There are two significant aspects to consider—one from the supply chain perspective and the other related to quality control on the shop floor. Due to heavy reliance on vendors, the supply chain plays a critical role in various sectors. Managing assessments manually with numerous vendors and parts is practically impossible. Introducing AI is essential to address such complexities. Recalling a specific case, Mr Pandari says, “We implemented an AI solution for real-time testing of every incoming product, reducing turnaround time significantly. This included in-line testing, which was previously challenging without destructive methods like dye painting or X-rays. The AI solution, utilising Sonic analysis, proved effective in resolving the issue. As supply chains become more intricate, the role of AI in various aspects, especially quality control, becomes increasingly crucial.”

The emphasis on quality is profound, allowing for a thorough examination of parameters. The intense focus on quality is a distinguishing factor for top brands like Toyota and Apple. Achieving such precision and reliability in output is only feasible with the integration of AI. The future demands a level of output and turnaround time that can only be achieved through the augmentation of processes with AI.

Mr. Bharathi considers that while evaluating the cost of automating or digitising a factory, the potential return on investment (ROI) and the specific goals a company aims to achieve are to be considered. Even if a company spends just ₹1 and does not see any tangible results, that extra rupee spent is considered an excess. To determine the cost, companies must assess their objectives—acquiring data from production processes, integrating metrology, or focusing on ROI as a pivot. Viewing ROI from the perspective of increasing Overall Equipment Efficiency (OE) reveals that a well-executed strategy can yield returns in weeks or months. This trend holds true across various industries, irrespective of company size or location. Timely access to relevant data with the right analytical approach significantly impacts productivity. While the exact cost varies based on specific goals, a benchmark range for customers could be tens of thousands to several lakhs of rupees per equipment.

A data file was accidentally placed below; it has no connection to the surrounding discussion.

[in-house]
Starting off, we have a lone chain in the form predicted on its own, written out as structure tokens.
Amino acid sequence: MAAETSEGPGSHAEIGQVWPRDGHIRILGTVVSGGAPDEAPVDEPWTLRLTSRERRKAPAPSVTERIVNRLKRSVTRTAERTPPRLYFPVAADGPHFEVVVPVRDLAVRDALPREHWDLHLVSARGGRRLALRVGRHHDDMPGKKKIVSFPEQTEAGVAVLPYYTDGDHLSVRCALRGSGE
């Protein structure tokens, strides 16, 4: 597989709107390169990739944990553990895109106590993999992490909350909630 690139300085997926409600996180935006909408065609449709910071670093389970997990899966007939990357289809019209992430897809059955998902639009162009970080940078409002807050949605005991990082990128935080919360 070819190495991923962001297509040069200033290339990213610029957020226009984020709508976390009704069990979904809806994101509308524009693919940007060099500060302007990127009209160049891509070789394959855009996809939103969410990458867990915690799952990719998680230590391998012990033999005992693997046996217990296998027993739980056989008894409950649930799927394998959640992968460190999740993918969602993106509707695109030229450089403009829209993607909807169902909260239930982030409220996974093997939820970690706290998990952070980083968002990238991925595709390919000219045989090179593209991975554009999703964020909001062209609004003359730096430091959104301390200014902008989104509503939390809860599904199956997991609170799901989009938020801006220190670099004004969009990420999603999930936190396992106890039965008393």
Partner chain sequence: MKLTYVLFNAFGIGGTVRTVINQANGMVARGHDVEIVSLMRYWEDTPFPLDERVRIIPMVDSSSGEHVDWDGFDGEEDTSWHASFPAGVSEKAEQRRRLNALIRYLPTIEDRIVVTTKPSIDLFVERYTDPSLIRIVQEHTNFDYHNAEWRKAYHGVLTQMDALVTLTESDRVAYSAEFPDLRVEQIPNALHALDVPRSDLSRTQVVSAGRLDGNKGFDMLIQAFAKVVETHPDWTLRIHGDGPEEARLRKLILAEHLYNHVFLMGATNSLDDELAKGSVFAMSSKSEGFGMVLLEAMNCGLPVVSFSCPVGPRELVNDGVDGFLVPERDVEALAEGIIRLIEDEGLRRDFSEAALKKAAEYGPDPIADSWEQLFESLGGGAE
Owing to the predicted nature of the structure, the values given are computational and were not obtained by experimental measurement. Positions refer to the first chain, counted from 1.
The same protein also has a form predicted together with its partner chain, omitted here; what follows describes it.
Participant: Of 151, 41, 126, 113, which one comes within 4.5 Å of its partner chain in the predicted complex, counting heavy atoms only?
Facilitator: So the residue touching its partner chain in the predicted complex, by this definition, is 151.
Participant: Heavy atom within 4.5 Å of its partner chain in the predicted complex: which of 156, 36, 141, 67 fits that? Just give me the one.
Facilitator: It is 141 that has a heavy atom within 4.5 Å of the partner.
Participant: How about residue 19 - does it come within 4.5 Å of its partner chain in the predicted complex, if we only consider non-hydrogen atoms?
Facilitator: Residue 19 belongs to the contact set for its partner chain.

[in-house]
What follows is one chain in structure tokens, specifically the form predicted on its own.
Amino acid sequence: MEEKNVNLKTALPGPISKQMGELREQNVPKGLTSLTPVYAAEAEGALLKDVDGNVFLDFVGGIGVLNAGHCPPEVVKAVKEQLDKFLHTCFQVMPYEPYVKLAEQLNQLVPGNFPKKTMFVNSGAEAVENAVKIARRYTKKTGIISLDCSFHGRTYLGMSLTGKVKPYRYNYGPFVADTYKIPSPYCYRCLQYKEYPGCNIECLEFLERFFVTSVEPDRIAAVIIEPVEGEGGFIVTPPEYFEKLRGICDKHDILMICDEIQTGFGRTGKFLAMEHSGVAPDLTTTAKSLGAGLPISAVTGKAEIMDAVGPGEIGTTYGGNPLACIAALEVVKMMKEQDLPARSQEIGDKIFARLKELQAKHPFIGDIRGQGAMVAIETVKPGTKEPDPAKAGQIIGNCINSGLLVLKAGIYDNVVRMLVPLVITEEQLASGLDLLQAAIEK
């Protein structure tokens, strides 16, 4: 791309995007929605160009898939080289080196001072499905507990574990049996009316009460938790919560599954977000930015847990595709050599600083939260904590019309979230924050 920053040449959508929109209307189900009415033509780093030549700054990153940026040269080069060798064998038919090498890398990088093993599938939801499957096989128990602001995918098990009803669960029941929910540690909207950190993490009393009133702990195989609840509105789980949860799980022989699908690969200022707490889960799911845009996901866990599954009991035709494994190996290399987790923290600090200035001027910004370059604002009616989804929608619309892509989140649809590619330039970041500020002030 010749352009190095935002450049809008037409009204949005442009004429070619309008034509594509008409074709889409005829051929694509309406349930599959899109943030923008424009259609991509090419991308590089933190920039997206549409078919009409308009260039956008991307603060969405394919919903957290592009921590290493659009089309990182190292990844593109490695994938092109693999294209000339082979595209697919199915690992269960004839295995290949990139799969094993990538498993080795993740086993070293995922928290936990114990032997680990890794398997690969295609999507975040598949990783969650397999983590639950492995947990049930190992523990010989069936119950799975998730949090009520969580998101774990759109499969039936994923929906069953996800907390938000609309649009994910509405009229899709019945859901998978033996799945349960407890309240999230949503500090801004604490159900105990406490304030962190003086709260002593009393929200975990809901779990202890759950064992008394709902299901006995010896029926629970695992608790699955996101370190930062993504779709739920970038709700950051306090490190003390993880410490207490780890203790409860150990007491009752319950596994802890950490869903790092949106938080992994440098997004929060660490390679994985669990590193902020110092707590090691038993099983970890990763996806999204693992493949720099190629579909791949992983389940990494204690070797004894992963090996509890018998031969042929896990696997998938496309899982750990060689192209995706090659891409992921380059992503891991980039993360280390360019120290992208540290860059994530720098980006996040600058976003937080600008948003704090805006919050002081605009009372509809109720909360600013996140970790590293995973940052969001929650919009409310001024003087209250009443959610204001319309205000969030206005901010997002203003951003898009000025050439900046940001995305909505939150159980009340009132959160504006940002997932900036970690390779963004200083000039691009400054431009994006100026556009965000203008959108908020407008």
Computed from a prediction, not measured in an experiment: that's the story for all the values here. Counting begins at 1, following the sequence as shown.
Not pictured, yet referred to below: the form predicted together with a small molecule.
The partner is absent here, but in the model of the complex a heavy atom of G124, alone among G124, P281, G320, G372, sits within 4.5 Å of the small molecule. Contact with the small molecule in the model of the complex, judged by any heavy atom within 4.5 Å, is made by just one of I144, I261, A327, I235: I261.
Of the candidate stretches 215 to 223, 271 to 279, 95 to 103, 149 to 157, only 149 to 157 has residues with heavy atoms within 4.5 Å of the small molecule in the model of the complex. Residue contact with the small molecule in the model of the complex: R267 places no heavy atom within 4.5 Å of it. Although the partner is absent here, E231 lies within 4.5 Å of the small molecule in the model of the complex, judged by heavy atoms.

Mr Avil notes that the initiation of upskilling efforts should commence at the operator level and extend throughout the organisation. The objective is to empower operators to a point where they are confident in making decisions. An illustrative example involves operators determining both the invoice quantity and value. Currently, we are progressing to a phase where operators will be responsible for deciding the entire dispatch quantity. This shift entails operators possessing knowledge about the machines, quality, and other aspects, with IoT stepping in to handle subsequent stages. The training process encompasses understanding machine operations, quality assessment, and proficiency in utilising various tools, gauges, and technologies. These parameters are essential considerations as we transition to and integrate new technologies.


Kundan Das, Founder, 4.0smartindustry Advisory Services Pvt Ltd.
“Maximising intelligence from fundamental parameters, integrating old and new OT devices, and adhering to Industry 4.0 standards are essential for transforming industrial operations and achieving tangible improvements in Key Performance Indicators.”

Mr. Avil Kumar, Head of Software Services, Carl Zeiss India.
“The symbiotic relationship between AI and IoT optimises communication and analytical assessment, which is pivotal for the success of Industry 4.0.”

Mr. Chandrashekar Bharathi, Managing Director, AceMicromatic Manufacturing Intelligence Technologies Pvt. Ltd.
“In Industry 4.0, real-time visibility is crucial for actionable insights, going beyond anomaly predictions to optimise production.

Anish Pandari, Director, Product and Strategy, Indxo Al (Automation Industry Association)
“Digital transformation in manufacturing is a continuous process, requiring a process-oriented approach. Integrating AI, especially in quality control and supply chain management, is essential for addressing the complexities of diverse machinery, multiple generations of controllers, and intricate supply chains in the manufacturing sector.”